Tag Archives: bingo

100% of you are bloggers

Consider this:

A small town newspaper, with one reporter, one editor, one distribution manager, one advertising manger and one printer (all of whom are the same person) produces one edition per day.

The ONLY people who read this edition are the OTHER small town newspapers (those that also have a single reporter, editor, etc. all of whom are also a single person).

Imagine a network of small town newspapers that are read ONLY by other small town newspapers.

Does that strike you as strange? This is blogging.

Wouldn’t you, as a small town news/editor producer, want to have your paper read by other folks besides the editor of just the next-town-over newspaper? I would think that as a custom content provider you’d want to infiltrate other markets that are NOT just small town newspapers, right?

Something’s wrong here. It’s like were all just piranha (some small, some huge) all swimming in the same stretch of river. All feeding off of each other. What sense is that?

Why would I care that what I write is read by the next-town-over’s sole reporter/editor? Their town’s people ain’t gonna buy a copy of MY paper. (Nor will they actually by a copy of that editor’s paper…)

Blogging, as it turns out, is this incestuous, internally facing universe of people, writing, not for the world, not to be read by the “public”, but to be read by other bloggers — other small town newspaper reporters.

That seems like a broken model to me.

 


Writer’s Log: 1488 Nuances of clause placement

‘Milly paused, wiped her lace handkerchief across her brow, and looked up, startled, to find Antonio sitting upon the impatient stallion, staring intently at her, later that afternoon.’

I’ve been editing Blue Across the Sea, my first, anxiously anticipated novel and, as I do so, I find numerous occasions where I flip, mix, or bludgeon a sentence with improper clause placement.

The above sentence is contrived, but serves to represent various issues, or what might be issues regarding the placement of clauses. Primarily among them is the concept of time.

My case in point: “later that afternoon.” Notice how I stuck that at the end. Now, why would I do that? Inexperience is usually the culprit. But, as I start to rearrange BATS, I find that I must reconsider these strange compilations of sentence structure. Do I want to leave the concept of time for the end? Or would moving it to the middle or the beginning be more appropriate?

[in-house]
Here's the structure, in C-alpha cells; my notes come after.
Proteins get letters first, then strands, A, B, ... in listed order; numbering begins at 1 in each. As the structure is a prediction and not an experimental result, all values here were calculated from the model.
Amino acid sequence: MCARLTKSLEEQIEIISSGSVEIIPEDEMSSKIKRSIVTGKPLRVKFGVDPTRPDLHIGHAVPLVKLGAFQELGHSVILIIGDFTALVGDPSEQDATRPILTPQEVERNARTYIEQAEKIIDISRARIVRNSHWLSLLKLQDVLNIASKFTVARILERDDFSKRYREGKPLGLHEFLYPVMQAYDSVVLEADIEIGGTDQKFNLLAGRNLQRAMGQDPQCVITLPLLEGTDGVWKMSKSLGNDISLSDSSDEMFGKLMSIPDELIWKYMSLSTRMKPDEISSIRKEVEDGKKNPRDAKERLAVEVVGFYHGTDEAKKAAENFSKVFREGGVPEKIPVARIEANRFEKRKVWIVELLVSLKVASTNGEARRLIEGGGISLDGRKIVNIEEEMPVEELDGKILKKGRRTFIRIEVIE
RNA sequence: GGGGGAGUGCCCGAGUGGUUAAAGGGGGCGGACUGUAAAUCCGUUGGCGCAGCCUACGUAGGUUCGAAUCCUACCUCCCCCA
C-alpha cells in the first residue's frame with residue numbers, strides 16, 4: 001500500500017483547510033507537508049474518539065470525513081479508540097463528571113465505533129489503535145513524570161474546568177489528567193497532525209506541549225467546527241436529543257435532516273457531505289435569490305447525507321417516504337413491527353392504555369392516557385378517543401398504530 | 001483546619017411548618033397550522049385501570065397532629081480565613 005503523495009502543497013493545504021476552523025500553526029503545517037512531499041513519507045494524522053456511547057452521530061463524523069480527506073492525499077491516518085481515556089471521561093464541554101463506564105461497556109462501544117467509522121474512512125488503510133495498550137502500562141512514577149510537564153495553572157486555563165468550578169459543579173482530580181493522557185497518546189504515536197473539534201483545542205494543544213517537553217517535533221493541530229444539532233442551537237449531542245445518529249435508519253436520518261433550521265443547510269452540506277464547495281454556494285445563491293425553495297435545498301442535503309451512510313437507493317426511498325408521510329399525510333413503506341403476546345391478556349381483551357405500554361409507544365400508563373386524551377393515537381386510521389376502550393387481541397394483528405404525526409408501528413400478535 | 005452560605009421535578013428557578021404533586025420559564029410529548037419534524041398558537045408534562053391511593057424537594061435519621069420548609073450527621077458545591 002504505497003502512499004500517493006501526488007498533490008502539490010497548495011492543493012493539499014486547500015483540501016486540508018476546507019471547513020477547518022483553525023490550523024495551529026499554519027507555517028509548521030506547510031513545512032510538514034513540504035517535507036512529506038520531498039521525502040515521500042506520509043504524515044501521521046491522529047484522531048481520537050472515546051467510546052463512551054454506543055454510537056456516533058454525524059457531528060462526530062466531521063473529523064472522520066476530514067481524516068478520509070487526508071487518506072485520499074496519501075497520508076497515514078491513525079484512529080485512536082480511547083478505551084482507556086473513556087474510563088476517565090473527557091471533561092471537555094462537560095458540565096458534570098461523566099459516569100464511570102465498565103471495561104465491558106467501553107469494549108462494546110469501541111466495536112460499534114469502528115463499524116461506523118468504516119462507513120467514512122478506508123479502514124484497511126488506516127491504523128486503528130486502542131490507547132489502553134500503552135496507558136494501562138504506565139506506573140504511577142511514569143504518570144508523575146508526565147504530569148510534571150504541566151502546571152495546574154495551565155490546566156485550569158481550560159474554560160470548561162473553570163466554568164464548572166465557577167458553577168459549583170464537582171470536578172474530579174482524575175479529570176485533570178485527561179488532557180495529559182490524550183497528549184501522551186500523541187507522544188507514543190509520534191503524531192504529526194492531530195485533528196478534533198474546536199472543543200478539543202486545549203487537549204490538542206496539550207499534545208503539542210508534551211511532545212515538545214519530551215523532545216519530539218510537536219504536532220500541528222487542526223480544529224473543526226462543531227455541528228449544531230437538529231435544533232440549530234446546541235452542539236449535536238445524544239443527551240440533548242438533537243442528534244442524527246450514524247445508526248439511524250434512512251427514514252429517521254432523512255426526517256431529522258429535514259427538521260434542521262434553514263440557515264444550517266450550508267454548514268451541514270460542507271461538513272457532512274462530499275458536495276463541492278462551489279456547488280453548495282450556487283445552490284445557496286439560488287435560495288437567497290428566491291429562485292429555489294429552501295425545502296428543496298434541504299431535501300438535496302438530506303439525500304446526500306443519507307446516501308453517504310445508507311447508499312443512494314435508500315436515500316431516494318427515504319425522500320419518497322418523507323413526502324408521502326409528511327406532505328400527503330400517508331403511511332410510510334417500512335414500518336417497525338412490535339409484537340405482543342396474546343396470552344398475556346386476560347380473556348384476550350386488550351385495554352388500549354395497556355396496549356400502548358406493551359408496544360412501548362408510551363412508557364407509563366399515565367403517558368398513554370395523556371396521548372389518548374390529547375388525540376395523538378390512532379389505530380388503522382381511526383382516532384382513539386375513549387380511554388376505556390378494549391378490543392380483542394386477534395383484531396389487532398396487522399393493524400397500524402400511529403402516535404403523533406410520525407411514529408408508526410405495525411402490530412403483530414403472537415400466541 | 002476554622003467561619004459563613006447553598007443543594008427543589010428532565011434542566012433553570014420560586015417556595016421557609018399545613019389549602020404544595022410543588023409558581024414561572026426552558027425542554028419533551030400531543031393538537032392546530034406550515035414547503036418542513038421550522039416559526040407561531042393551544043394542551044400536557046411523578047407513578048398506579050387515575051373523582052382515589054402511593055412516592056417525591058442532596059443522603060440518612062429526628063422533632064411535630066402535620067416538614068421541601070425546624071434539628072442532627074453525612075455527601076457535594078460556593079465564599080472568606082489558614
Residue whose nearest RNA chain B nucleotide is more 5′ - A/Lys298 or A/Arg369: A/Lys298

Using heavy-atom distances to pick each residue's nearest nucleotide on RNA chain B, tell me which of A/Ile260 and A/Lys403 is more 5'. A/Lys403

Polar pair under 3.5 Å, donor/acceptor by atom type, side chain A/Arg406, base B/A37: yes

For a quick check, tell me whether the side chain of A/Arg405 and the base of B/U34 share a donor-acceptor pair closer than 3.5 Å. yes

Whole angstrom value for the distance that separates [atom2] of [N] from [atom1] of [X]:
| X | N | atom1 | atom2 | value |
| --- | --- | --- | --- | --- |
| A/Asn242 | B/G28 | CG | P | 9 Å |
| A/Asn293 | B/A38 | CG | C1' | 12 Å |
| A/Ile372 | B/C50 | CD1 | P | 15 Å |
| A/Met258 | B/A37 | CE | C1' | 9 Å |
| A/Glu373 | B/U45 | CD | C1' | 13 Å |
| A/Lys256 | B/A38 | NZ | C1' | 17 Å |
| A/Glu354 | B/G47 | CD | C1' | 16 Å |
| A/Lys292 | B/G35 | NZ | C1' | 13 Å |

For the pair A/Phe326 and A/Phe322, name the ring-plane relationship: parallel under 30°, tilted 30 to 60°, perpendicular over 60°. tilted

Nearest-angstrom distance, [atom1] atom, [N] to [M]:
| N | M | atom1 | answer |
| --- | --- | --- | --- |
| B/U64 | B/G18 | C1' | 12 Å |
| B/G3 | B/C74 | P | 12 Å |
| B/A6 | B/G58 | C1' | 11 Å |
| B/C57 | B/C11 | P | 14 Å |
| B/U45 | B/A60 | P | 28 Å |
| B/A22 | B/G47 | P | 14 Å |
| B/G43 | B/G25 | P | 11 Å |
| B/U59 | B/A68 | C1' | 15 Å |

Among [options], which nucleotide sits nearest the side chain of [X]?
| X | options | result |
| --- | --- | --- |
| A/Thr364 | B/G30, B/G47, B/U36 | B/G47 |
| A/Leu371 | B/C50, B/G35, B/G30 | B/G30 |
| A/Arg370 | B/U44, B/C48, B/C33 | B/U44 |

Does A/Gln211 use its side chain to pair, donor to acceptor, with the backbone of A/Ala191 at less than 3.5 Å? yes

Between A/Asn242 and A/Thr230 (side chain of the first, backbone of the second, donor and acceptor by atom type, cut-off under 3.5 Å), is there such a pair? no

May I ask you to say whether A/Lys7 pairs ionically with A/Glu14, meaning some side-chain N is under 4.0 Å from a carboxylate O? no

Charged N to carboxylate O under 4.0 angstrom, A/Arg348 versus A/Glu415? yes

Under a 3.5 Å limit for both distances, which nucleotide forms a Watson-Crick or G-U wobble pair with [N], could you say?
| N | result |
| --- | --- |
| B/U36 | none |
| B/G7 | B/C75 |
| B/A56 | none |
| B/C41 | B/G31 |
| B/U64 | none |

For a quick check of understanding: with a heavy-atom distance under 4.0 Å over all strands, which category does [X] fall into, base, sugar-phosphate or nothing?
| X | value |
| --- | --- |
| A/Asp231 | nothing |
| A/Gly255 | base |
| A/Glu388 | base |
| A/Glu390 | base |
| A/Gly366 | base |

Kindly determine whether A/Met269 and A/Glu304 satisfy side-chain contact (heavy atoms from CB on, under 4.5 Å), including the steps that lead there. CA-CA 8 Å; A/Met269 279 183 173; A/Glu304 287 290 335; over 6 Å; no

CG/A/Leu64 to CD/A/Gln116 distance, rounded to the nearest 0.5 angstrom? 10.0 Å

‘Later that afternoon, Milly paused, wiped her lace handkerchief across her brow, and looked up, startled, to find Antonio sitting upon the impatient stallion, staring at her intently.’

Here we move time to the front of the sentence. That feels more comfortable — setting the context of the final intense interaction of Antonio and Milly to occur at the end — the punch.

But maybe I want to emphasize the time-of-day as more important than Milly and her beau.

‘Milly paused, wiped her lace handkerchief across her brow, and looked up, startled, to find Antonio sitting upon the impatient stallion, staring intently at her, later that afternoon. The storm had built in the heat of the day and the winds now competed for the young woman’s attention.’

Or maybe, as one might hope, with the modified emphasis, we follow through with Antonio’s intentions and take the reader into the lurid and steamy…

‘Later that afternoon, Milly paused, wiped her lace handkerchief across her brow, and looked up, startled, to find Antonio sitting upon the impatient stallion, staring at her intently. He slid from the saddle, strode forward and snatched her kerchief lifting it to his nose in a deep, fulfilling breath.’

It all depends on what comes AFTER the clause. This is the lesson I’m having to teach myself. (A ruler smacks swiftly down upon Anonymole’s knuckles, bad Anonymole, bad!).